The small size together with their high copy number in leaf cells greatly facilitates chloroplast genome sequencing. In this thesis, chloroplast phylogenomics was conducted using complete chloroplast DNA genomes obtained by a newly developed method of de novo assembly. The method was not only cost-effective but also has the potential to extract a wealth of useful information of thousands of chloroplast genomes from Whole Genome Shotgun (WGS) data. We used k-mer frequency tables to identify and extract the chloroplast reads from the WGS reads and assemble these using a highly integrated and automated custom pipeline. This pipeline includes steps aimed at optimizing assemblies and filling gaps that are left due to coverage variation in the WGS dataset. The pipeline enabled successful de novo assembly across a range of nuclear genome sizes, from Solanum lycopersicon (tomato, 0.9 Gb) to Paphiopedilum heryanum (slipper orchid, 35 Gb).

    The pipeline is suitable for studying structural variation in the chloroplast genome, as opposed to the common procedure of read mapping against a reference genome. To support the putative rearrangements, a flexible assembly quality comparison tool was created that combines and visualizes read mapping and alignment results in a two-dimensional plot. We have evaluated the ability of this tool using the de novo assemblies of S. lycopersicon and P. henryanum chloroplasts. The results show that not only we can immediately select the best of two options, but also determine the location of specific artefacts.

    In order to explore and evaluate the utility of complete chloroplast phylogenomics, tomato and Paphiopedilum spp were used to conduct phylogenetic inferences based on the complete chloroplast genome. In total 84 tomato chloroplast genomes within the section Lycopersicon were assembled and phylogenetic trees produced. The analyses revealed that next to the chloroplast regions and spacers traditionally used for phylogenetics, additional regions of protein coding and non-coding DNA may be exploited for intraspecific phylogenetic studies. In particular, more than 50% of all phylogenetically relevant information could be included by just using four genes (ycf1, ndhF, ndhA, and ndhH), of which 34% in ycf1 alone. The topology of the phylogenetic tree inferred from ycf1 was the same as that of trees based on all other protein coding genes, although with lower bootstrap values. The phylogenetic analyses based on 32 complete Paphiopedilum spp. chloroplast genomes confirmed the division of the genus into three subgenera Parvisepalum, Brachypetalum and Paphiopedilum. The division of five sections of subgenus Paphiopedilum was also recovered. The de novo assemblies revealed several structural rearrangements including gene loss and inversion. In addition, the chloroplast genome of Paphiopedilum has experienced extreme IR expansion that has included part of or the entire SSC region, resulting in larger IR regions than commonly observed among monocots.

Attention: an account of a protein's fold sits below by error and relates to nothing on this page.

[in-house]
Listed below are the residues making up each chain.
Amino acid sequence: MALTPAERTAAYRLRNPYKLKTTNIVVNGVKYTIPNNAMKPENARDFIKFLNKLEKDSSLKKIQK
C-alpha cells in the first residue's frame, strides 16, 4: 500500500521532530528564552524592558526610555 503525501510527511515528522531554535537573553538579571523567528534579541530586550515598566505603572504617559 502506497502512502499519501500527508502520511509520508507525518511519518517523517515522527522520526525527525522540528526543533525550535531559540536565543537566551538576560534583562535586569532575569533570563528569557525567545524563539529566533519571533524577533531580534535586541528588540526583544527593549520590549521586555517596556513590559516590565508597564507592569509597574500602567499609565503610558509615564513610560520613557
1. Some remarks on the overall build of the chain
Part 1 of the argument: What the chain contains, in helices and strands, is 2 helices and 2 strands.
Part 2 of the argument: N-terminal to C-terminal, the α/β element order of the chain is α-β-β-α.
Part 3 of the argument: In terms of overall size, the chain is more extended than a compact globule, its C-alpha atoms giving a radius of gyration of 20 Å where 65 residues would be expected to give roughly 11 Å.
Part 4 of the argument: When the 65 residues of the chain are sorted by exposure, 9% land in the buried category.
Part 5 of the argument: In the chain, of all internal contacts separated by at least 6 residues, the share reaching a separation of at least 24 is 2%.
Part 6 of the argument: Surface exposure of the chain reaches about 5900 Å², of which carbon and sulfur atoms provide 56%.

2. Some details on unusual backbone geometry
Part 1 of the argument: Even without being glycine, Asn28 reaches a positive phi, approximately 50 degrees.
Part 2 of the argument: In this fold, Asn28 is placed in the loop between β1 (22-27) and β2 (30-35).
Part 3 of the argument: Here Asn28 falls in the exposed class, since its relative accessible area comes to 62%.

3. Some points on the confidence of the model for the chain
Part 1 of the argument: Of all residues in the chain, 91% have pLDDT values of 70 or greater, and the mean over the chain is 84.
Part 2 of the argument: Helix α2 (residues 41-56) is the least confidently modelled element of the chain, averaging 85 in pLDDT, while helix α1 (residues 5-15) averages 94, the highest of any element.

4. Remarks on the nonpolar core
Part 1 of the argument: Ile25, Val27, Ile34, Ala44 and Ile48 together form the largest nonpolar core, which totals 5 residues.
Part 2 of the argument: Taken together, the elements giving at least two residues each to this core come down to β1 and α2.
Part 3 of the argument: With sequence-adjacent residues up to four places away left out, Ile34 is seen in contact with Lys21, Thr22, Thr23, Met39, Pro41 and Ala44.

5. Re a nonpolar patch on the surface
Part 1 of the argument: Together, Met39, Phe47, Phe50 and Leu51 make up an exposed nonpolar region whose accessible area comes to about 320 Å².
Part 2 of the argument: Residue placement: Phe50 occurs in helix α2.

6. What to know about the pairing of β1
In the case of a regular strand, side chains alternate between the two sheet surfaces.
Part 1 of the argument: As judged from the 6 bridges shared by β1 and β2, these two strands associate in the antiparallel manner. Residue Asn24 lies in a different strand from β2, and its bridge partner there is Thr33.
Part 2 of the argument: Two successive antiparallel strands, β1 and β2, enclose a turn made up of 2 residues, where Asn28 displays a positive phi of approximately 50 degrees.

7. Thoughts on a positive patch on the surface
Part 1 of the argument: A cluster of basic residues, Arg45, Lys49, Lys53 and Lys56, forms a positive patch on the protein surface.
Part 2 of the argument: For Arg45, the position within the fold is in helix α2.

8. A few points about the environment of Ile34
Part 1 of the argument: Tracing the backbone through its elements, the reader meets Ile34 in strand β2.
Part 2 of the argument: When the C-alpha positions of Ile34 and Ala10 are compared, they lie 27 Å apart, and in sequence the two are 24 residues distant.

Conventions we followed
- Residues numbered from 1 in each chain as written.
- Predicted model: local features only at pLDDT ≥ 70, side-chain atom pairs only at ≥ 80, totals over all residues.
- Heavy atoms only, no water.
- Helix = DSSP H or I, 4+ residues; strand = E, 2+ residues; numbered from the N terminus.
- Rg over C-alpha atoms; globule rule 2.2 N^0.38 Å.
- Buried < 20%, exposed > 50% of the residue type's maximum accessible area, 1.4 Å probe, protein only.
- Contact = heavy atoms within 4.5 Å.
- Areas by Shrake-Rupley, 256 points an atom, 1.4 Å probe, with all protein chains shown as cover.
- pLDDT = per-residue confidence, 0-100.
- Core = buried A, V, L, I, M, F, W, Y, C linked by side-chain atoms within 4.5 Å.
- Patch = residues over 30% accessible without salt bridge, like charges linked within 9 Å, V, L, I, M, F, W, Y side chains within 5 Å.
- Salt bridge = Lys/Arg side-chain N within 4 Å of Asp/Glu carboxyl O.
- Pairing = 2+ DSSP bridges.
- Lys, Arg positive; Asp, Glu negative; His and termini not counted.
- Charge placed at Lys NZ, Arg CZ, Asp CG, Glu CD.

In conclusion, WGS data offer opportunities to generate partial or entire chloroplast genomes for phylogenetic studies. Species discrimination can be achieved already with partial data (subsets of genes), but evolutionarily young lineages may require more informative characters. Therefore, it is expected that many complete chloroplast genomes will be produced in the years to come. While generating these genomes, the urge for de novo assembly of chloroplast genomes rather than mapping against reference genomes is adamant in order to also uncover structural rearrangements in chloroplast genome.

    Ecophysiology and environmental distribution of organohalide-respiring bacteria
    Lu, Y. - \ 2016
    Wageningen University. Promotor(en): Hauke Smidt, co-promotor(en): Siavash Atashgahi. - Wageningen : Wageningen University - ISBN 9789462578418 - 239
    bacteria - halides - ecophysiology - phylogenetics - genomics - lakes - halogens - pollutants - bacteriën - haliden - ecofysiologie - fylogenetica - genomica - meren - halogenen - verontreinigende stoffen

    Organohalide-respiring bacteria (OHRB) are able to breathe natural and anthropogenically produced organohalides persistent in a broad range of oxygen-depleted environments. Therefore, these microorganisms are of high interest for organohalide-contaminated site bioremediation and natural halogen and carbon cycle. Nevertheless, to assess and adjust in situ bioremediation strategies and to enhance current understanding about the role of OHRB in natural habitats, thorough understanding of their ecophysiology and interaction with surrounding biotic and abiotic forces is necessary. To this end, this thesis focused on exploring ecophysiology and environmental distribution of OHRB in pristine and contaminated sites and unraveling their interactions with the co-existing microbial guilds in the community and geochemical parameters by application of a suite of physiological, molecular and geochemical analyses.